Completion of Objectives 1-4 will provide information needed to evaluate the need and relevance of continuing with the remaining objectives. It is still unclear how the development of a put-and-take hatchery program will enhance the persistence of native Yellowstone cutthroat and redband trout. There is not adequate scientific justification in the responses to recommend funding of objectives 5-8. Prior inclusion in the FWP doesn't necessarily address the questions of scientific merit.

Fund in part
Nov 8, 1999


Fund conditionally
Mar 1, 2000


(6). Shoshone-Bannock/Shoshone Paiute Joint Culture Facility, Project ID #9500600, FY00 CBFWA Rec. $282,621

Discussion/Background: The goal of the Shoshone Bannock and Shoshone Paiute Tribes' Joint Culture Facility is to produce rainbow trout as well as the experimental holding and propagation of two native trout species (Yellowstone cutthroat, redband trout). Rainbow trout are to provide fish for the "put and take" fisheries in enclosed reservoirs (e.g. Lake Billy Shaw Reservoir) and the Fort Hall Bottoms. In addition to providing recreational and subsistence fishery opportunities, the "put and take" fisheries are intended to ease pressure on native fish stocks.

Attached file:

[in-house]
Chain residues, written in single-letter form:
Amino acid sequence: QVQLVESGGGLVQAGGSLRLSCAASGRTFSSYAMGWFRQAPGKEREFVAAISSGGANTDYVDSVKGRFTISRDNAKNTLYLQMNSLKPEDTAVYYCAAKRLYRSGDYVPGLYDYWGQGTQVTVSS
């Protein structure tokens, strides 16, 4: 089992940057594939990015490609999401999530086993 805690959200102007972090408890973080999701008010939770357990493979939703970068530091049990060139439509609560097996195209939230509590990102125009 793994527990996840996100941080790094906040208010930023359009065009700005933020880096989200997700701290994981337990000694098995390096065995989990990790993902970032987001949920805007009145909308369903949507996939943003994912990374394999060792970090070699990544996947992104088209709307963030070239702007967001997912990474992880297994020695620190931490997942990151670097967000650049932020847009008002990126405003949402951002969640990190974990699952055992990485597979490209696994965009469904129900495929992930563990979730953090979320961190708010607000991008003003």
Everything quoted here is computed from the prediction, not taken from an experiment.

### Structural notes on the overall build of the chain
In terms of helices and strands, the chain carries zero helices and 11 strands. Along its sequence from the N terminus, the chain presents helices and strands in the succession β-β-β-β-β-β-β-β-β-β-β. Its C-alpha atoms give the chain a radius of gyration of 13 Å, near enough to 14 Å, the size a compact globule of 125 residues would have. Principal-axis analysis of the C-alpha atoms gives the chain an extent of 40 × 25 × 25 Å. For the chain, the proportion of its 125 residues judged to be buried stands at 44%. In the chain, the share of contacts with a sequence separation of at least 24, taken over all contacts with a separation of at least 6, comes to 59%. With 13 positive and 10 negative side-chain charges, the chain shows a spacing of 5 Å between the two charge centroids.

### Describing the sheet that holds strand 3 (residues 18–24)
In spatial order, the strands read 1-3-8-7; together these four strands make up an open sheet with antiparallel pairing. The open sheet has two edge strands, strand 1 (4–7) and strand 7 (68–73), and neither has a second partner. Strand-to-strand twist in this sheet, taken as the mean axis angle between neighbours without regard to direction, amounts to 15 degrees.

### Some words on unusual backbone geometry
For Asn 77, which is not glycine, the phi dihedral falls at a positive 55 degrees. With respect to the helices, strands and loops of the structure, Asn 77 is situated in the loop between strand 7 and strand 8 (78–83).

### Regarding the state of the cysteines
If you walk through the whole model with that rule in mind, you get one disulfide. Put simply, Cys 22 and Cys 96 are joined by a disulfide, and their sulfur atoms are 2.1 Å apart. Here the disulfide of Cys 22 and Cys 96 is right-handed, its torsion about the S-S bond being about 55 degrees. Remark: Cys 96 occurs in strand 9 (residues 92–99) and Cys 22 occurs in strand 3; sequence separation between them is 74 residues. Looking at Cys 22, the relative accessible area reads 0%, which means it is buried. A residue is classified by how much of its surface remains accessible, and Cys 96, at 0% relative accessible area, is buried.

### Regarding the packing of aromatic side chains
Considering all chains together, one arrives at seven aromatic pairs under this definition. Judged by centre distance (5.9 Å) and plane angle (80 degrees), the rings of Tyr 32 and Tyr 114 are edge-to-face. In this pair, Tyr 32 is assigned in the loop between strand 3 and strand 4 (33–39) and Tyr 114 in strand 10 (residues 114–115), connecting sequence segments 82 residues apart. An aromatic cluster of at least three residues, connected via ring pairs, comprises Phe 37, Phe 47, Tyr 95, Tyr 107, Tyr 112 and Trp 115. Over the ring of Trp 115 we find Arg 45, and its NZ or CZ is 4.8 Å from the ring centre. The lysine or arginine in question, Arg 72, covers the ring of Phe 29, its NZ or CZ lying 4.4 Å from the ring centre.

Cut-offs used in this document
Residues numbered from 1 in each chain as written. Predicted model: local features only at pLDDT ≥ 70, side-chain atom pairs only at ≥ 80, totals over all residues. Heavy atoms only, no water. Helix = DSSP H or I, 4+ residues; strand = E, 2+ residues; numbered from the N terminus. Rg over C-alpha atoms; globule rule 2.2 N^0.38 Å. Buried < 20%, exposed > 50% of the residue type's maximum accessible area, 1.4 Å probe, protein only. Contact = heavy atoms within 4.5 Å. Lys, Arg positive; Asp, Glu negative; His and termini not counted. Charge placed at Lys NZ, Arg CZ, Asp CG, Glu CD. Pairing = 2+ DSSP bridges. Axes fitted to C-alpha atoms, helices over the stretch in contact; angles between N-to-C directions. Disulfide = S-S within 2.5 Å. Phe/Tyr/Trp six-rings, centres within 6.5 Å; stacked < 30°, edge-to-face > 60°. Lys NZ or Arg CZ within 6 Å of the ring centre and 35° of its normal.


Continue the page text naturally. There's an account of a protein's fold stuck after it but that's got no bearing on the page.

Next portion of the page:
Measures for establishing Shoshone-Bannock Tribe and Shoshone-Paiute Tribe artificial production facilities have been in the Council's program since 1987. Originally, these measures called for two separate facilities. In the early 1990s, feasibility studies demonstrated that the needs for these two facilities might be met at one site, the program was amended to reflect this finding, and planning has proceeded along that route. In April 1996, the Shoshone-Bannock Tribe and Shoshone-Paiute Tribe completed the Master Plan for the facility through a contract with Montgomery-Watson Consultants. In 1998, the environmental assessment (EA) for this facility was completed. The master plan and the EA are based on development of this facility at the Crystal Springs Site (otherwise known as Houghland Farm).

The Joint Culture Facility is a three-phase project. The phases are: